The Pamphlet Collection of Sir Robert Stout: Volume 6
The third group of the Australian Mammalia consists of the Rodents, which are largely represented, and, to some extent, partake of the structure of the Kangaroo; many having their hind limbs much elongated, and moving by a succession of jumps, in which they use the hind legs only. A few (4 species) are aquatic (Hydromys), expert swimmers and divers, and a great many are arboreal, and apparently the representatives of the squirrels in Australia.
All the species observed by me on the Lower Murray, are strictly nocturnal, and all bring forth 4 young ones (born blind) at a time.
1. Hydromys chrysogaster.
Golden-bellied Beaver Rat.
All the specimens of this rat procured by me are from Gun-bower Creek and Lake Boga, where this animal re very plentiful. page 4 It is strictly nocturnal, and was often observed after sundown, gambolling upon the shores of that beautiful lake. The Black Snake is a sore enemy to the young progeny of this Hydromys; for I captured a specimen, which, upon being opened, proved to have swallowed a full dozen young Beaver Rats, about the size of new-born kittens.
This Rat is not found on the Lower Darling, at least, I was assured by the natives that they had never seen it.
2. Hapalotis conditor.
Koel or Kohl of the natives.
Captain Sturt described this animal first, though Sir Thomas Mitchell mentioned it before him.
It is one of the many species which will soon be extinct, as I found that it had already retreated before the herds of sheep and cattle across the Murray. Only a few empty nests were occasionally met with south of that river. The few specimens collected were captured by the natives about 10 miles north of the Darling Junction; though many empty nests, or rather huts, were met with, occupied by Hapalotis apicalis, which, it appears, often takes a fancy to the roomy structures of the building Hapalotis, and ejects the original inhabitant. I kept both species together in a box, but they never agreed, and, though the building Hapalotis is much larger in size, it could never hold its own against Hapalotis apicalis. They feed on various seeds, bulbous roots, insects, and the smaller species of Hapalotis, or birds' eggs, &c., and bring forth 4 young at a time.
3. Hapalotis apicalis.
Tillikin of the natives.
Mr. Gould figures this species, of which he mentions merely that he received it from South Australia. I observed the first specimens in the neighbourhood of Euston, and found it in great numbers upon Sir Thomas Mitchell's old track on both sides of the Murray. It also occurs on the Darling, and I have no doubt page 5 that the late lamented Explorers called Rat Point (in the neighbourhood of fort Bourke) after this Hapalotis.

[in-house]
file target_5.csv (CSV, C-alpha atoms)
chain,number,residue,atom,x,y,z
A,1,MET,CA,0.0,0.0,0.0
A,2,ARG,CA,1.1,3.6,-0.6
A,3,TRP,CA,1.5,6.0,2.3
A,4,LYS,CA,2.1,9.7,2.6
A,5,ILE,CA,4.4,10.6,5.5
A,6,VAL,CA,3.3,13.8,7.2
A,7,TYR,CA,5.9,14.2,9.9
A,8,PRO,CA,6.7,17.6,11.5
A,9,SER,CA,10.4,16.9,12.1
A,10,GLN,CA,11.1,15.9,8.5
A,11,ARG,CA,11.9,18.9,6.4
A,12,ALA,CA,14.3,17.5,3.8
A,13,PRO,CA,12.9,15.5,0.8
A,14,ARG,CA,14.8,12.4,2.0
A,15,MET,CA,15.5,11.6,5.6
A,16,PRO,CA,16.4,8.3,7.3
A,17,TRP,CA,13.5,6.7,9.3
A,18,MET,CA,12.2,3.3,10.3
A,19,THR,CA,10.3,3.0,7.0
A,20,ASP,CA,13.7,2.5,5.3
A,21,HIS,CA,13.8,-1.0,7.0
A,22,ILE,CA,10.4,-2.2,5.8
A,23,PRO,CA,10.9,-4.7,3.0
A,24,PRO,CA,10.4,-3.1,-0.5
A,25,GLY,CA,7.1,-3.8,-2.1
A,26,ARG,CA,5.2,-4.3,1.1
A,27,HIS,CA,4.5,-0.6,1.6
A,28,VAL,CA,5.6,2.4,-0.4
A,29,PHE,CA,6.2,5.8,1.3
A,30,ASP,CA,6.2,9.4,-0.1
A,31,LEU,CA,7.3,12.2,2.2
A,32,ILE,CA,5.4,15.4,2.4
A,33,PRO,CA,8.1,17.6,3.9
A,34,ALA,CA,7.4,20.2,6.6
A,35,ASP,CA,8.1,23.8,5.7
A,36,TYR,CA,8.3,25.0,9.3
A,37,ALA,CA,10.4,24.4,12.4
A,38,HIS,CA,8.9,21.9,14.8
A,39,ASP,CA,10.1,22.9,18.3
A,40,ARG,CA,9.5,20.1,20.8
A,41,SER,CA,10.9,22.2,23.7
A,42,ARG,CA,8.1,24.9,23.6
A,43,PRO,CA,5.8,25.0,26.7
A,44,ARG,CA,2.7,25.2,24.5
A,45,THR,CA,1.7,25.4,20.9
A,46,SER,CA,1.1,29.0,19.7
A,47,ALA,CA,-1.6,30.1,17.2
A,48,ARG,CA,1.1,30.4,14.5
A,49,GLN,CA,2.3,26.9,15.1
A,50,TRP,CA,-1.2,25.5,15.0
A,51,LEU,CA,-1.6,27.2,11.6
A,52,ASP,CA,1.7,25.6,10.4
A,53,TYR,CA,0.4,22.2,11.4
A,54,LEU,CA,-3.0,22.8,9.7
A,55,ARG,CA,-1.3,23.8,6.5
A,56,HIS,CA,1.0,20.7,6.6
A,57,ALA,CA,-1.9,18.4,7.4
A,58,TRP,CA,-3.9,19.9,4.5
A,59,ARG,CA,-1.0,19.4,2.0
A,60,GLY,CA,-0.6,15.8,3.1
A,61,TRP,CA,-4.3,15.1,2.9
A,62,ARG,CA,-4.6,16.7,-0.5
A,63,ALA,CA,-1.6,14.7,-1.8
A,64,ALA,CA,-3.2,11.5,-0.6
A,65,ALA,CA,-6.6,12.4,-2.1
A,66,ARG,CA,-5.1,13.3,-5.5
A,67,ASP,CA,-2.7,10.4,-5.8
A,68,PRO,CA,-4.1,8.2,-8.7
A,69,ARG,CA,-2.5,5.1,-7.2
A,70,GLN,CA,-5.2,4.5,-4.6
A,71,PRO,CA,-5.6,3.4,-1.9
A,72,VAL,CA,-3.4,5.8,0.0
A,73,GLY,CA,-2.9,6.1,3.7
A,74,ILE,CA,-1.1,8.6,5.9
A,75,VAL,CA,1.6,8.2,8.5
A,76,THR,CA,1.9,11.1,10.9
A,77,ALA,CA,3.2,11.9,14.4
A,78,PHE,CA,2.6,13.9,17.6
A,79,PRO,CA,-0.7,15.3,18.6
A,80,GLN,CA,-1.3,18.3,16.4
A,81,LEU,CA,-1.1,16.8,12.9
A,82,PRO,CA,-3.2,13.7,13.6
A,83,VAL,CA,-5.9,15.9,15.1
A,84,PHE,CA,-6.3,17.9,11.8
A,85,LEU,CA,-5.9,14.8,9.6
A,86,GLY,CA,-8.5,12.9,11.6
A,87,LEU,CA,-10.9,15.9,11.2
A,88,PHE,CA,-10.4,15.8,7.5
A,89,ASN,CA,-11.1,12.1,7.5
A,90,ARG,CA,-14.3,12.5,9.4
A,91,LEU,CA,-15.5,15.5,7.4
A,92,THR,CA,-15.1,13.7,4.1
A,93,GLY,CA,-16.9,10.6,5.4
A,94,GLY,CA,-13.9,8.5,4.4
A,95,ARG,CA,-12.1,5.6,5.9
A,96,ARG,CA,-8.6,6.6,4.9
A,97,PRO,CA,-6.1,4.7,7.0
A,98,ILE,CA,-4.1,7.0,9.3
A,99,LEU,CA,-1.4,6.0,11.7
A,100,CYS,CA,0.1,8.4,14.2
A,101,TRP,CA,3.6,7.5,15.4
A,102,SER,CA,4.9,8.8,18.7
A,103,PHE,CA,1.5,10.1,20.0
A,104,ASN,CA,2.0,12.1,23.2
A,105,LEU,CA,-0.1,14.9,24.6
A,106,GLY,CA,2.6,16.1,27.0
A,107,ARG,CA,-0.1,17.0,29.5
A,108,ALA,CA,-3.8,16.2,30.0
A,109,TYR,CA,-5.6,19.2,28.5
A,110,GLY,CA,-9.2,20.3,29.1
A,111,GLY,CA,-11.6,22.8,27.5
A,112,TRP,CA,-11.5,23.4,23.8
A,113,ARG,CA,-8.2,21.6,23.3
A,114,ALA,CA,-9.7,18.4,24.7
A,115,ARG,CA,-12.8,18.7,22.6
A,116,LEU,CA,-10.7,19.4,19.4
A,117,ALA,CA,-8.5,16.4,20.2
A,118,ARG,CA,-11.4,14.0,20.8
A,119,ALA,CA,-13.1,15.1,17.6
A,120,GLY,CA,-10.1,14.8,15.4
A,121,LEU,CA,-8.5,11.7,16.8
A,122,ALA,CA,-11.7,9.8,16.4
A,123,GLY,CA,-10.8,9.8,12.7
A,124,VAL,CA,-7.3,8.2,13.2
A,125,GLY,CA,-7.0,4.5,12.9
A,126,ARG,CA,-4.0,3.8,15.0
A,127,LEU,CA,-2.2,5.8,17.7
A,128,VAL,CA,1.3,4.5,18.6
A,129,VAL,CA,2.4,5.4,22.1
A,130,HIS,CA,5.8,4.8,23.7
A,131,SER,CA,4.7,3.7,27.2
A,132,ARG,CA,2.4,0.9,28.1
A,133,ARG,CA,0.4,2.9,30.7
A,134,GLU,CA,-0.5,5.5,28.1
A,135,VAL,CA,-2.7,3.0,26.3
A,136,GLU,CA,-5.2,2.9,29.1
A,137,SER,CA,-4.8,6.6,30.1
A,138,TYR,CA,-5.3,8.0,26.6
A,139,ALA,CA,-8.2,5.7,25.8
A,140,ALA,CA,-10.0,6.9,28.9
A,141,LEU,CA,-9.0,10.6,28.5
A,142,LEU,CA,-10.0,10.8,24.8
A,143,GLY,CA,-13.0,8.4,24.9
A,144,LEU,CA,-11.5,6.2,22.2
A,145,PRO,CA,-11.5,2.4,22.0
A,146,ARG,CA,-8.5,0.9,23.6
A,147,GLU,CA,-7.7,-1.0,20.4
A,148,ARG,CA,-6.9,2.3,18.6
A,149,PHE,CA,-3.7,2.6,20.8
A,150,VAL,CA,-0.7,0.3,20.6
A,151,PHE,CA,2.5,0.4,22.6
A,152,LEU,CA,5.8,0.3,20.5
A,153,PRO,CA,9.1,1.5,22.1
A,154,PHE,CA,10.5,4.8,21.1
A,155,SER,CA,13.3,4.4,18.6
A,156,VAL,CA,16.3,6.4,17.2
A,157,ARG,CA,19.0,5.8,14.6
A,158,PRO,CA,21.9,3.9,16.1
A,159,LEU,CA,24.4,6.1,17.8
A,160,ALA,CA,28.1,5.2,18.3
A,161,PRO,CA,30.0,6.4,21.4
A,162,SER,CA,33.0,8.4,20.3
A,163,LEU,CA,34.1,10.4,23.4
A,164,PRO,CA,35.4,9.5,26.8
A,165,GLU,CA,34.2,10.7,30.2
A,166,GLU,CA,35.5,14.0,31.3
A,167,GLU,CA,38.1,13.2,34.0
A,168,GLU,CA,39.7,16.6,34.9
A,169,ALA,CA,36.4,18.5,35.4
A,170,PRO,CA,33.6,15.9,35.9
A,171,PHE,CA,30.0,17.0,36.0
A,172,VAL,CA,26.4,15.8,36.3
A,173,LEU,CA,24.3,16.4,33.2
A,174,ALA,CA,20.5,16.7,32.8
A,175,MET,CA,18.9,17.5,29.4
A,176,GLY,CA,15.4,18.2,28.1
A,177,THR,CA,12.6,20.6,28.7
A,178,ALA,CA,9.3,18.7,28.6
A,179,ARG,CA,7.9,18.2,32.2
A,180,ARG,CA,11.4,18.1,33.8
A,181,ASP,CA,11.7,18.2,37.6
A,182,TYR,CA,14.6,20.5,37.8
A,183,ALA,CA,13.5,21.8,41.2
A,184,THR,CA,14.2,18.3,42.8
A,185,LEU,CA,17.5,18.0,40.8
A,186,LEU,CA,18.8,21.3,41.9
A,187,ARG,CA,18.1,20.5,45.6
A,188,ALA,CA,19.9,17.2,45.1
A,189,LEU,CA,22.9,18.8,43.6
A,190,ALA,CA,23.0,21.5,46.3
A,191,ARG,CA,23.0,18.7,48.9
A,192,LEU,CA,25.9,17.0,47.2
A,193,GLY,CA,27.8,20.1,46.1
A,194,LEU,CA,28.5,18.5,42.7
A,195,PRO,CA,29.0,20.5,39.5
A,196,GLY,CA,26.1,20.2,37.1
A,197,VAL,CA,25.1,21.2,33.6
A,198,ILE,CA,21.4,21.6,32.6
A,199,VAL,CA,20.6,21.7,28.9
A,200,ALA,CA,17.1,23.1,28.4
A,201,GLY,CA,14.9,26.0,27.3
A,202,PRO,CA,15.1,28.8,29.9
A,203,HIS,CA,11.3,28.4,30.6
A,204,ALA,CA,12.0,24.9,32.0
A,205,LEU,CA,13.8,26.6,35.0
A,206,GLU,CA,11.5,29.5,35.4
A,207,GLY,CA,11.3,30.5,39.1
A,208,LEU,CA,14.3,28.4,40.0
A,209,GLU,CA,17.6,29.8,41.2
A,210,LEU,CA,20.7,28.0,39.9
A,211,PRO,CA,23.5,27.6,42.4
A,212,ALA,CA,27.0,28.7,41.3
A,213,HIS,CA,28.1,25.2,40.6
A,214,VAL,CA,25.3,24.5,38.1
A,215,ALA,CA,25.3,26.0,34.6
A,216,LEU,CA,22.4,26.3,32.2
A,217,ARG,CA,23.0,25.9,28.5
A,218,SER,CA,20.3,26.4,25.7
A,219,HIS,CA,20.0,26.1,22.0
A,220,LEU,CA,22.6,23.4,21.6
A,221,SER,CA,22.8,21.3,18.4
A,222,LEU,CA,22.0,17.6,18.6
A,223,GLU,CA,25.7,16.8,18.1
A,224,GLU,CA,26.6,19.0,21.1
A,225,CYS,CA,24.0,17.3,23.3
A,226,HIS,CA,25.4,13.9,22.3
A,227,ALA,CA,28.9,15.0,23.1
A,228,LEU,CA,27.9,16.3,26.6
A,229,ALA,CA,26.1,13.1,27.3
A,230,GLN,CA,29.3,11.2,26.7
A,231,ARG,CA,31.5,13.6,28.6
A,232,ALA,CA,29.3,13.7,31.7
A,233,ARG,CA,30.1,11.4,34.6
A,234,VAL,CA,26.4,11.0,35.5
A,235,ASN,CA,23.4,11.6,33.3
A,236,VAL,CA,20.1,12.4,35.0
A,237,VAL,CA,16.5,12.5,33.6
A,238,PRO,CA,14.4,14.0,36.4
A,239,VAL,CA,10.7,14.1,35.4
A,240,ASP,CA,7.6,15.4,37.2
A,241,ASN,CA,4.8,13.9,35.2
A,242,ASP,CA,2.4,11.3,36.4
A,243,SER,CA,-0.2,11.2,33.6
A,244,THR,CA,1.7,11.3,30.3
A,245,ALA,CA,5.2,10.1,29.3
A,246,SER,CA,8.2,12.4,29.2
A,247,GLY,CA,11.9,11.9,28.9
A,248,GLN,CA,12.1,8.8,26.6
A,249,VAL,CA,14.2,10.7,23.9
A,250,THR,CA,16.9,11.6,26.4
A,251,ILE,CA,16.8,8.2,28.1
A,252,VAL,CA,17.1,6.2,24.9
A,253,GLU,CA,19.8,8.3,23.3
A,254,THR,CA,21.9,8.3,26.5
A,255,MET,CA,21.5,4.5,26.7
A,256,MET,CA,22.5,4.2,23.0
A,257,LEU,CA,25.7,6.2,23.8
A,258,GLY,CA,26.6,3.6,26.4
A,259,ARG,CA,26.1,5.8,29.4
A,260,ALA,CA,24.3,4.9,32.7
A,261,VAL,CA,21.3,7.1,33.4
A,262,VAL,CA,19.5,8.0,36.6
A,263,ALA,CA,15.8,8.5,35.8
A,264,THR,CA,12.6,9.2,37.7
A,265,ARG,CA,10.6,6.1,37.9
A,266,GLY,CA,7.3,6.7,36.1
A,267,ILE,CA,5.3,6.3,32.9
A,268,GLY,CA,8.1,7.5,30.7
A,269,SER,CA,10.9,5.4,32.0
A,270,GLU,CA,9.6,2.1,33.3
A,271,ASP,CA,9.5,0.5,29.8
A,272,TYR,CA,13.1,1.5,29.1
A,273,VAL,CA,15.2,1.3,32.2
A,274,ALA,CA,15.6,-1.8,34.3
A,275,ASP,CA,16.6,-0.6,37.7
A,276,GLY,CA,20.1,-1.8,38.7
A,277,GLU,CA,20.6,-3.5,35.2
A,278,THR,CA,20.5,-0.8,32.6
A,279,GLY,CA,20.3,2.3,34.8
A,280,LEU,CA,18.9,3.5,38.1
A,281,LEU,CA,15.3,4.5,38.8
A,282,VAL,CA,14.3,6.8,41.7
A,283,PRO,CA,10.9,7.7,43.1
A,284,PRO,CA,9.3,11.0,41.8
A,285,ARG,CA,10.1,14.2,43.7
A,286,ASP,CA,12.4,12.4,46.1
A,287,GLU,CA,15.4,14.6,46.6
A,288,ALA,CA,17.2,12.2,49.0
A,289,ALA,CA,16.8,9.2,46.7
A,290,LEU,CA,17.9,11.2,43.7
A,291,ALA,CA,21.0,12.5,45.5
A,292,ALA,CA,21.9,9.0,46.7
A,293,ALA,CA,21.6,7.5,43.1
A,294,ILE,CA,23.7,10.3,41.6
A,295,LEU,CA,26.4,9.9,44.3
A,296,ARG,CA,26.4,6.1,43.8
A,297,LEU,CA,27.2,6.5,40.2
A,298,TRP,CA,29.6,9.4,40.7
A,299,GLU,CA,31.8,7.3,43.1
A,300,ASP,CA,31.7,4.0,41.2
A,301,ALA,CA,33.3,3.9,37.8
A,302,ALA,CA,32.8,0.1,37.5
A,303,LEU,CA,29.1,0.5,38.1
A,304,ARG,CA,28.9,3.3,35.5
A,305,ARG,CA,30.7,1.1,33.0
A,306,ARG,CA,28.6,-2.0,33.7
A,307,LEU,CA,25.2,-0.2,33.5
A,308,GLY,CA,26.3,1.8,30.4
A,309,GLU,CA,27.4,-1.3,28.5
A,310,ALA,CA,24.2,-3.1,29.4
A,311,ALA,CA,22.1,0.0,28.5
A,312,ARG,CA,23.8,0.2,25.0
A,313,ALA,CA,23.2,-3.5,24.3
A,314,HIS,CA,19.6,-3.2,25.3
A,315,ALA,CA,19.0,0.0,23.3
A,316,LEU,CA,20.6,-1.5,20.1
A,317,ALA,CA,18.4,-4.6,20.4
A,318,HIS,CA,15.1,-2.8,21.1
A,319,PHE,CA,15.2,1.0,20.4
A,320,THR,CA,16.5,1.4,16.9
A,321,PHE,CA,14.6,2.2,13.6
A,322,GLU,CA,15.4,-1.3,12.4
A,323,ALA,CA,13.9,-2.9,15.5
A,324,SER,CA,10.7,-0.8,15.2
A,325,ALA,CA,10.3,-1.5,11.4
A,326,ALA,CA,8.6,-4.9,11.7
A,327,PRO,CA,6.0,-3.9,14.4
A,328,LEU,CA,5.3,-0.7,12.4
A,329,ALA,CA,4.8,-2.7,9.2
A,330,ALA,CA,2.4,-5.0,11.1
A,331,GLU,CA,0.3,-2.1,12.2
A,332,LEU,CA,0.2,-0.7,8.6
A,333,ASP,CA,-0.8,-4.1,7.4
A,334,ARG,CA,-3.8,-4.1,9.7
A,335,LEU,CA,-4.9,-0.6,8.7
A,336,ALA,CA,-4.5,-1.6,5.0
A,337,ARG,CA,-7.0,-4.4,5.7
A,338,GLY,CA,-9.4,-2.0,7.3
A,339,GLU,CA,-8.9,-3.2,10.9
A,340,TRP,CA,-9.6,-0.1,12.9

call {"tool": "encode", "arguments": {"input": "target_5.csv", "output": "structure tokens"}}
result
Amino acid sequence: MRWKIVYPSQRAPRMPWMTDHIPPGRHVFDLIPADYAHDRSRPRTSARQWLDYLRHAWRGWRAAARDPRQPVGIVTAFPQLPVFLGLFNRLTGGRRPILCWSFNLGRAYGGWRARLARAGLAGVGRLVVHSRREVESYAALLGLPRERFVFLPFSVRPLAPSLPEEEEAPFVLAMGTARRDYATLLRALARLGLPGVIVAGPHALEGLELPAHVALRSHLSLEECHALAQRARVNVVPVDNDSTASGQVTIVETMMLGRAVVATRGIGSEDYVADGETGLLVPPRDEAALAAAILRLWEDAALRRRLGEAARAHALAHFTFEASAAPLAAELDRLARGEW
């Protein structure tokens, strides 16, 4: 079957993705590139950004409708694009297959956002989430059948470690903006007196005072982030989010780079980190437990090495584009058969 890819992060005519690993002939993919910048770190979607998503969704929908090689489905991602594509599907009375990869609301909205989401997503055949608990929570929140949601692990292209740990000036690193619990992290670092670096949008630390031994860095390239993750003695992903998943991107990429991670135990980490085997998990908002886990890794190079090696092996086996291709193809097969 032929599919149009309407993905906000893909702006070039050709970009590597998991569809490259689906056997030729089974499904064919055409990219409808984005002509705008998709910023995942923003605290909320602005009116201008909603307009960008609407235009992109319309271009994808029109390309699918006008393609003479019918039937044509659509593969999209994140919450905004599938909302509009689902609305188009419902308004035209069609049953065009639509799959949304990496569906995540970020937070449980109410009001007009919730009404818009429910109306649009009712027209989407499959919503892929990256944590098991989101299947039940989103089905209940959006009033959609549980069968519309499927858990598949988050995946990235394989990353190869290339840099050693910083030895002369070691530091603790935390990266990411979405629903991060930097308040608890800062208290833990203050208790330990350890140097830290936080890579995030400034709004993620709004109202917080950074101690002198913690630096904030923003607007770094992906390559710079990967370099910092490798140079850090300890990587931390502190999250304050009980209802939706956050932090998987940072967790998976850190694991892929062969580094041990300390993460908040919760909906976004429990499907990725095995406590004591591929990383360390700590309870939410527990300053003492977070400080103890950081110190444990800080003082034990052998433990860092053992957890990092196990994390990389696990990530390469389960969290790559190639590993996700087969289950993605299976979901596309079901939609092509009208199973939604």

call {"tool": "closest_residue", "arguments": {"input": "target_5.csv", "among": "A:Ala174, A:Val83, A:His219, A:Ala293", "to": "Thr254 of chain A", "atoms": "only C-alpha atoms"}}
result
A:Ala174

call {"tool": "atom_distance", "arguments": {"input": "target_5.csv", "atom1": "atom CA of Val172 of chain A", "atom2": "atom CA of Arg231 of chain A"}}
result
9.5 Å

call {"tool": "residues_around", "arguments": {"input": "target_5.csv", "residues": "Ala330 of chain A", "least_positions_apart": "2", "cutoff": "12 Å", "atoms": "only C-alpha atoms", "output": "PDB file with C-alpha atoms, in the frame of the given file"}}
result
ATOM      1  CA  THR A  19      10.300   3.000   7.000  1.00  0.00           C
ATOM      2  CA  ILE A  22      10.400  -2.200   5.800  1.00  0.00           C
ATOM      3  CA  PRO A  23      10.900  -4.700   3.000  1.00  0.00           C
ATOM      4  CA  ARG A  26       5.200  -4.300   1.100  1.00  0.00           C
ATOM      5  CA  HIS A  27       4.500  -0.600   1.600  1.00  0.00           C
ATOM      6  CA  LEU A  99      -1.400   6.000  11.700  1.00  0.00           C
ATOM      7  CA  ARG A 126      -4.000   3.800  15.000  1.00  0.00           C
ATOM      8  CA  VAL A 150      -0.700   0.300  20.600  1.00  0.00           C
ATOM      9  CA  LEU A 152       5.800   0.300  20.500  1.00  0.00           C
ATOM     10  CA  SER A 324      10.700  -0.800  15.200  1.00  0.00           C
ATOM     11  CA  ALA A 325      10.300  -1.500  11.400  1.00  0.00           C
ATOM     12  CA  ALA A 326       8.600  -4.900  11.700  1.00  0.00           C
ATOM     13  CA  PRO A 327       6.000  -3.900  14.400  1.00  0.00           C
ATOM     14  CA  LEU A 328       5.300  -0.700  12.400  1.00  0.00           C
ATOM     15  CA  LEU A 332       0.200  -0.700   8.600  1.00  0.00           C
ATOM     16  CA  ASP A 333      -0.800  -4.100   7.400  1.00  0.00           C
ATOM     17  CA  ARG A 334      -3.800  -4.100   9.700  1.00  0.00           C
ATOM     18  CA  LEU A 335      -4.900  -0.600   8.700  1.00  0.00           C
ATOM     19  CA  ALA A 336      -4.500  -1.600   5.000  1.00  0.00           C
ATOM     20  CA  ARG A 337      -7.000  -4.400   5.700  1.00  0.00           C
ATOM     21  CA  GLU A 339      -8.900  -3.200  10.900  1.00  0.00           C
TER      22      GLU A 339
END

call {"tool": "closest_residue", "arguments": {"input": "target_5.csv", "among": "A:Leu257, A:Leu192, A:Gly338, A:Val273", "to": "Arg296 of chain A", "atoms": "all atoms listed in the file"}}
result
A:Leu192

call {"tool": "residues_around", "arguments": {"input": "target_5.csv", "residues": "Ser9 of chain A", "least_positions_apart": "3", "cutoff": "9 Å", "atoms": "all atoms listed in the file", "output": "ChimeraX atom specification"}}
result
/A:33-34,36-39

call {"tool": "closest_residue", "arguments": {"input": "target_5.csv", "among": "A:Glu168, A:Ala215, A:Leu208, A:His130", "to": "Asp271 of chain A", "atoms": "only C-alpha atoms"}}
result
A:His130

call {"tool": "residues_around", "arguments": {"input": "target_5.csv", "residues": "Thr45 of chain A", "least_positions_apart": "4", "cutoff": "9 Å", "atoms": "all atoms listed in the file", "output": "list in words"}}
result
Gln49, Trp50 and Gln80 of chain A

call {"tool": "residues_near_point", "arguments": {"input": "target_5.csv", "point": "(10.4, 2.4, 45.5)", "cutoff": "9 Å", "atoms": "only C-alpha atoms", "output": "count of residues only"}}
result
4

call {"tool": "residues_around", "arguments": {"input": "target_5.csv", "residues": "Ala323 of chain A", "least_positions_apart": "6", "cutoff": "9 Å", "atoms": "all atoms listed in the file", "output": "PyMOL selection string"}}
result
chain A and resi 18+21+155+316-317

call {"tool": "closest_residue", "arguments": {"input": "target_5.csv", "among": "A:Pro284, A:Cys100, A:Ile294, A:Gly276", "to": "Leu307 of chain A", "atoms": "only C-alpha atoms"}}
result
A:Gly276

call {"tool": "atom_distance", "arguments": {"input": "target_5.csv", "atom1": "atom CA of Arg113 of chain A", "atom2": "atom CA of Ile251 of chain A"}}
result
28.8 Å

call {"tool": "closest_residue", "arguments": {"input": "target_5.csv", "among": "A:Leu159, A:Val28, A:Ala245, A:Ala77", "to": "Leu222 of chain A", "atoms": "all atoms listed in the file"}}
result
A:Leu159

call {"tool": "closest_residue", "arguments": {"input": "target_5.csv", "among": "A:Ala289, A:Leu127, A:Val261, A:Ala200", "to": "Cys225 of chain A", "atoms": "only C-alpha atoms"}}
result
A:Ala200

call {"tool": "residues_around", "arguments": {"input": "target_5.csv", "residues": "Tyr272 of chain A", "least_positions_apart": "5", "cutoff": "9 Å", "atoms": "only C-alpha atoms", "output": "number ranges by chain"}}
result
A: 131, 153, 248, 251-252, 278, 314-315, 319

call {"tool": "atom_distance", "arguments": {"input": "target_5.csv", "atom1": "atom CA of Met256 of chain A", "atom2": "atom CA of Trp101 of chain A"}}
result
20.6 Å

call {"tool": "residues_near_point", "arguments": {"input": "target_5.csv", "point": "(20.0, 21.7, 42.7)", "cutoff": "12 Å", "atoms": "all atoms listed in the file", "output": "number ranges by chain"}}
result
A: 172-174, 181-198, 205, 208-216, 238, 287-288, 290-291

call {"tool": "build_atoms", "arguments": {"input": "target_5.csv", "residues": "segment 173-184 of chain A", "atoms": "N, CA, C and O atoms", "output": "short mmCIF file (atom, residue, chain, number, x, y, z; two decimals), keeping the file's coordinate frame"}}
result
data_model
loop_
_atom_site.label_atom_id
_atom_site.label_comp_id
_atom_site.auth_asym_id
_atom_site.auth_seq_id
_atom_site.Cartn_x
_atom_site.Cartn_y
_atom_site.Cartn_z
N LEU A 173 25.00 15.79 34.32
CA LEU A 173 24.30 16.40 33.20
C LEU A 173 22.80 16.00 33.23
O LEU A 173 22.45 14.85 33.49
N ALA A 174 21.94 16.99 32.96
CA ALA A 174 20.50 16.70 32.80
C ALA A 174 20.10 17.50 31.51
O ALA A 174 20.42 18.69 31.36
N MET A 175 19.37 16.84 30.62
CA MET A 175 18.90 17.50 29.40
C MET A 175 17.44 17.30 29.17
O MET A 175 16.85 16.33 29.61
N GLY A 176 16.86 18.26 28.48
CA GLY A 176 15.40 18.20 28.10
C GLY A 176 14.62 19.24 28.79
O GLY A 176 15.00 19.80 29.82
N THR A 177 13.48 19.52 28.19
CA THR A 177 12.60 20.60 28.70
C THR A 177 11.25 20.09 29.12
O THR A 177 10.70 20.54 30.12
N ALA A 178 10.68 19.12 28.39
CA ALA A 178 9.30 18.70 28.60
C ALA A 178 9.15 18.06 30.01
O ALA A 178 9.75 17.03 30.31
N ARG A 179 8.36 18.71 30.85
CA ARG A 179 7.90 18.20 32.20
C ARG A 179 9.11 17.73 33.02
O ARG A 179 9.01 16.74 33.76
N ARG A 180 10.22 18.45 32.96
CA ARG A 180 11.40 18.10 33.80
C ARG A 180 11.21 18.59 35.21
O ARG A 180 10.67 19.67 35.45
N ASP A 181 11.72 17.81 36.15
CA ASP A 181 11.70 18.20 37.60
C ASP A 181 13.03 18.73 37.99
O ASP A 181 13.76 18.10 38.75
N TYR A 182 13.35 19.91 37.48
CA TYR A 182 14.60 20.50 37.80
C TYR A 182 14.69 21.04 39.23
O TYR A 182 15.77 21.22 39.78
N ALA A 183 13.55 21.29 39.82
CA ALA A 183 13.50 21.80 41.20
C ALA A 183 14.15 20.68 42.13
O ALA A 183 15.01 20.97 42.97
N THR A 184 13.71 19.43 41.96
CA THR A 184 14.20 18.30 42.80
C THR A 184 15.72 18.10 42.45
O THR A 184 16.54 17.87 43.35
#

They are gregarious in their habits. I have dislodged as many as 15 specimens from a single tree, and kept large numbers in captivity. They became quite tame; and many which had escaped would return to join my frugal supper at night, and help themselves, to damper especially. This is a very graceful animal, strictly nocturnal in its habits, and its flesh white, tender, and well-tasted.
4. Hapalotis Mitchellii.
Kahlpere of the natives—
is another animal which the late Sir Thomas Mitchell first discovered. I have no doubt that it is widely distributed over the Australian continent, but I was not able to procure specimens at Gunbower Creek, or at the Junction of the Loddon. The first pair obtained were brought to me by natives in the neighbourhood of the Murrumbidgee. This animal is very plentiful on the Darling: and as many as 50 specimens were often procured by the native women in an afternoon. It burrows into the ground, and is dug out by them. Hapalotis Mitchellii is strictly nocturnal in its habits, and the female produces 4 young at a time. Though they are easily kept in captivity, they often kill each other, if not well supplied with food; they also have a disagreeable habit (to the naturalist, at least) of gnawing each others toils off.
5. Mus subrufus?
Pethack of the natives.
Apparently an undescribed species (for which I would propose the name of Mus subrufus) is found in large numbers between Gol Gol Creek and the Darling; it is nocturnal and gregarious, and, like Hapalotis Mitchellii, burrows into the ground; 4 young are produced at a time by the female.
All the Rodents are eaten by the natives, but only in case of no other food being at hand, as a large number of these little creatures are wanted to satisfy the hunger of a black-fellow.
This closes the list of the Placental Mammalia, which I had page 6 an opportunity of observing. But there are, no doubt, still many species of Rodents new to science; in fact, several skins of Hapalotis were received through native tribes living some 100 miles further north, but all were in such bad preservation, that it was found impossible to give a correct description of them.